Action: Protect bird nests using electric fencing
- One before-and-after study from the UK found an increase in tern numbers after the erection of an electric fence, whilst a study from the USA found an increase in the number of nests.
- Five studies from the USA found higher survival or productivity at wader or seabird colonies with electric fencing, compared to areas without fencing, although one study found that hatching rates were no different, whilst nesting success was only higher in one of two years.
- One study from the USA found lower predation by mammalian predators inside electric fence exclosures, whilst predation by birds was higher.
For fencing to be effective it has to physically prevent predators from entering an area, which is likely to be very difficult for species such as racoons Procyon lotor. Electric fences may offer a solution as animals will be unlikely to attempt to climb through them after receiving electric shocks.
Supporting evidence from individual studies
A before-and-after study in 1973 and 1984 on a sand spit in eastern Scotland (Forster 1975) found that the number of sandwich terns Sterna sandvicensis nesting in a colony increased from approximately 80 pairs in 1973 to approximately 450 pairs in 1974, following the erection of a 45 cm high electric fence to separate the colony from the mainland. Previous low numbers were attributed to red fox Vulpes vulpes predation, but after the fence was erected only a single fox was recorded breaching the fence and this animal did not approach the terns.
A before-and-after study in 1978 on a beach in Massachusetts, USA (Minsky 1980) found that the number of least tern Sterna antillarum nests in a colony decreased from 138 to 45 between the 20th and 23rd June (red fox Vulpes vulpes tracks were found in the colony), before the erection of an electric fence around the colony on the 24th June. The number of nests increased to 85 following the erection of the fence and no new fox tracks were found within the colony. No nests outside the fence survived. In total, 27 chicks fledged from the colony; the authors estimate that all, or nearly all, came from eggs laid after the erection of the fence.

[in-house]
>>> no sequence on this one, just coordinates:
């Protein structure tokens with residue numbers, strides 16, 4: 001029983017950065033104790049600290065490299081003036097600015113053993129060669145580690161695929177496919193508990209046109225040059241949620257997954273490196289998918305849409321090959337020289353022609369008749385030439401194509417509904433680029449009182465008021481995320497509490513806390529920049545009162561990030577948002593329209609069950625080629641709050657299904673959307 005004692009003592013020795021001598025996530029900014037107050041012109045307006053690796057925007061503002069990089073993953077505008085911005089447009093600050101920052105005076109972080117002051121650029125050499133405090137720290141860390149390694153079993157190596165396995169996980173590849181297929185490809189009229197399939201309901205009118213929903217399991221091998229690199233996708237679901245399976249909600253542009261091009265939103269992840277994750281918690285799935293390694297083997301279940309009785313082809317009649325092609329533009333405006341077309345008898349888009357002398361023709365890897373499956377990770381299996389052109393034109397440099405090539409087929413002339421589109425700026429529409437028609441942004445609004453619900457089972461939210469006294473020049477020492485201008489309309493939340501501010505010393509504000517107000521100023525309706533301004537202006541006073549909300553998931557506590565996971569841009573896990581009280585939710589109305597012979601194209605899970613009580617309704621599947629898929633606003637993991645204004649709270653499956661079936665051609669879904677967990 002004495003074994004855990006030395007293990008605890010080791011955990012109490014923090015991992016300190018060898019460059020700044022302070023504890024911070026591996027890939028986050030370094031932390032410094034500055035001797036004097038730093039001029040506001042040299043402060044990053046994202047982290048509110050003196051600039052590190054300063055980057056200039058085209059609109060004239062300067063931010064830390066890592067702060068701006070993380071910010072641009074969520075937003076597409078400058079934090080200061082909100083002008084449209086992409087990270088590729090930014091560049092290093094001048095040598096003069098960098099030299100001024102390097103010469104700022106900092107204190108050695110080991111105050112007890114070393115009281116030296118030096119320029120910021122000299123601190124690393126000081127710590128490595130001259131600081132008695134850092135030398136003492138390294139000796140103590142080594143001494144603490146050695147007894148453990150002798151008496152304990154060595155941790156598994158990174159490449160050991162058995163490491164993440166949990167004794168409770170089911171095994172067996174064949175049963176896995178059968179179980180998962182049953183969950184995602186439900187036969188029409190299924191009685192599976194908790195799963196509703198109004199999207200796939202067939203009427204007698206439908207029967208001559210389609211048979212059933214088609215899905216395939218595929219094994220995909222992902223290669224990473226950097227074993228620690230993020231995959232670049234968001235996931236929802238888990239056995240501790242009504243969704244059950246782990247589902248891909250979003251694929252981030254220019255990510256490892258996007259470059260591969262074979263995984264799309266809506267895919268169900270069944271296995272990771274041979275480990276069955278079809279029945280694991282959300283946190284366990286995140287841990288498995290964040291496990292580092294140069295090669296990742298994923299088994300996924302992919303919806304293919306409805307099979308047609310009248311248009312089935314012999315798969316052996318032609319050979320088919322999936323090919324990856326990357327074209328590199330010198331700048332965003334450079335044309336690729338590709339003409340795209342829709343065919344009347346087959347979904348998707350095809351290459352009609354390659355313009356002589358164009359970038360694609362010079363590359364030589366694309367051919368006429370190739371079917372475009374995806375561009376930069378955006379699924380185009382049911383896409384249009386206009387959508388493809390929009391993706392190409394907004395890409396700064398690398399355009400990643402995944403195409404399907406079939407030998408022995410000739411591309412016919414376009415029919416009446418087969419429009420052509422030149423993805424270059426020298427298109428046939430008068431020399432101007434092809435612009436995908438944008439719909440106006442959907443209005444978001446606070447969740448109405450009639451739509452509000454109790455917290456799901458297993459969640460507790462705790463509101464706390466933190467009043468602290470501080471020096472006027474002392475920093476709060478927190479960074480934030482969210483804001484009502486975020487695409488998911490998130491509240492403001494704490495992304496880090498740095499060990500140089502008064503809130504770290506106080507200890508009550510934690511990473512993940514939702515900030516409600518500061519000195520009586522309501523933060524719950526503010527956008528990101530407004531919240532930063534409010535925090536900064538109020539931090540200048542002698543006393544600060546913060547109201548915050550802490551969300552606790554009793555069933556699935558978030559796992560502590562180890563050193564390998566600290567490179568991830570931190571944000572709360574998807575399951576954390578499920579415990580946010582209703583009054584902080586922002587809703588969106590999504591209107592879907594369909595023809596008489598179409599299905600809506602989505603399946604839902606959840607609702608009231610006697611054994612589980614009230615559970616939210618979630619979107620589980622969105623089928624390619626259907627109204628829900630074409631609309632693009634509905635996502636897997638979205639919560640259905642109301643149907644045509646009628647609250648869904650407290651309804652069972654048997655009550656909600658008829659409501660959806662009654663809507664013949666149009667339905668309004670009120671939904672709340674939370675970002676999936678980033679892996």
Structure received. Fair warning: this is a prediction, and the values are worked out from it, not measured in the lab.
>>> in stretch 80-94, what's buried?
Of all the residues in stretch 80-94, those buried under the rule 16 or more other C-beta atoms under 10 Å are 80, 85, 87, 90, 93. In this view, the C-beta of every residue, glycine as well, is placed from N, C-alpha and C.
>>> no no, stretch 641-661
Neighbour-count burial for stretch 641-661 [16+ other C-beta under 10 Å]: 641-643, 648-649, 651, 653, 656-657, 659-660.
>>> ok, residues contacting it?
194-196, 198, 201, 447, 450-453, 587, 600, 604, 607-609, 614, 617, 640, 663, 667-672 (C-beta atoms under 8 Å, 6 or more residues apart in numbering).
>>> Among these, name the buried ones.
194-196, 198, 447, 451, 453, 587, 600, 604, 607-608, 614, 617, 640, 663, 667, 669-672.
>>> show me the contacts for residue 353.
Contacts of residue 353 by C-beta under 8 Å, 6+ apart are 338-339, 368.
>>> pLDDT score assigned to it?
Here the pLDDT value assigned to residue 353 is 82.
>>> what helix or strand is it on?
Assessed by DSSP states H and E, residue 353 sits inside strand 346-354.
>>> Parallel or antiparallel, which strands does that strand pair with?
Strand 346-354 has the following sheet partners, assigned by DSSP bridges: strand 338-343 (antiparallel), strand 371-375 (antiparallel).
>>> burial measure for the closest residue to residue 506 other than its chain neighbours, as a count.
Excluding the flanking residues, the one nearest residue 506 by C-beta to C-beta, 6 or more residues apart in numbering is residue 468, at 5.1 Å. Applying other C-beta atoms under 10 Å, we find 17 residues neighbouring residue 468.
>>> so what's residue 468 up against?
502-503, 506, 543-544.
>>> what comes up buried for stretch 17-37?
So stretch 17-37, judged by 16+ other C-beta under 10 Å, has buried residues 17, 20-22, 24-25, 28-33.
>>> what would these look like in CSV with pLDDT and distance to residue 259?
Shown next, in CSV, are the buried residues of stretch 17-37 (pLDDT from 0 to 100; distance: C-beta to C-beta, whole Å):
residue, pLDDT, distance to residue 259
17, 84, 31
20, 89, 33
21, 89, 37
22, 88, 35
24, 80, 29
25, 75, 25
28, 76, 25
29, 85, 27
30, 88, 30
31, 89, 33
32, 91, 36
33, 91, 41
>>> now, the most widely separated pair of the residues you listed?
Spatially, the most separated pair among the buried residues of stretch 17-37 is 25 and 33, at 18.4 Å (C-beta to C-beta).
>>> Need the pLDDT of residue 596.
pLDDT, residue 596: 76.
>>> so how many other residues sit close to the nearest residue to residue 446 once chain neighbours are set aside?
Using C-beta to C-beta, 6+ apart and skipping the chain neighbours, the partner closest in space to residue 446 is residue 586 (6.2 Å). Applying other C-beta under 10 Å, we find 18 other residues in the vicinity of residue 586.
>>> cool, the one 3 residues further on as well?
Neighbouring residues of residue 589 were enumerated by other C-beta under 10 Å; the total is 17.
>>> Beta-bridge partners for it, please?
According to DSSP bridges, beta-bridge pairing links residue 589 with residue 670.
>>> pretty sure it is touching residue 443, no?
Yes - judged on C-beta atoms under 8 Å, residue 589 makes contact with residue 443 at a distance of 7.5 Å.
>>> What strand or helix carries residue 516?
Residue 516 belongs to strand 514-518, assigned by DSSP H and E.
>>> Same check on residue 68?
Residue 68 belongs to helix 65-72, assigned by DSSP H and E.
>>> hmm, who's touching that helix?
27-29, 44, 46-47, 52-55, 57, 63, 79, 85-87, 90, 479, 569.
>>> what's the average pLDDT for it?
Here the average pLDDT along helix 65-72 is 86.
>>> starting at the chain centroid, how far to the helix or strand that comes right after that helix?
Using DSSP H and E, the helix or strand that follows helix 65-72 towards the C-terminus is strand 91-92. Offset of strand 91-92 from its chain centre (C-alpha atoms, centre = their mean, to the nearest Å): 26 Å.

A replicated, controlled trial from 1986-1988 in wetlands in North Dakota, USA (Mayer & Ryan 1991) found that nest survival of 54 piping plover Charadrius melodus nests on four beaches protected by a combined wire mesh and electric fence (1.2 m high, designed to stop mammalian predators) was 71% higher than for 234 nests on 21 unfenced beaches. Chick survival and the fledging rate were 55% and 82% greater on fenced than unfenced beaches, but these increases were not significant.
A replicated, controlled trial from 1991-1994 on alkaline flats in Oklahoma, USA (Koenen et al. 1996) found that the nesting success (i.e. at least one egg hatching in a nest) of least terns Sterna antillarum was significantly higher inside two electric fence exclosures than outside (81% of 60 nests vs. 56% of 129 nests respectively). The same pattern was seen for snowy plovers Charadrius alexandrinus, but the difference was not significant (79% of 22 nests vs. 62% of 26 nests). The proportion of both tern and plover eggs predated (mainly by coyotes Canis latrans) was lower inside the fence (10% vs. 20% predation for terns; 6% vs. 11% for plovers. The fence was 86 cm high and designed to prevent coyotes from entering. This study is also discussed in ‘Provide nesting habitat for birds that is safe from extreme weather’.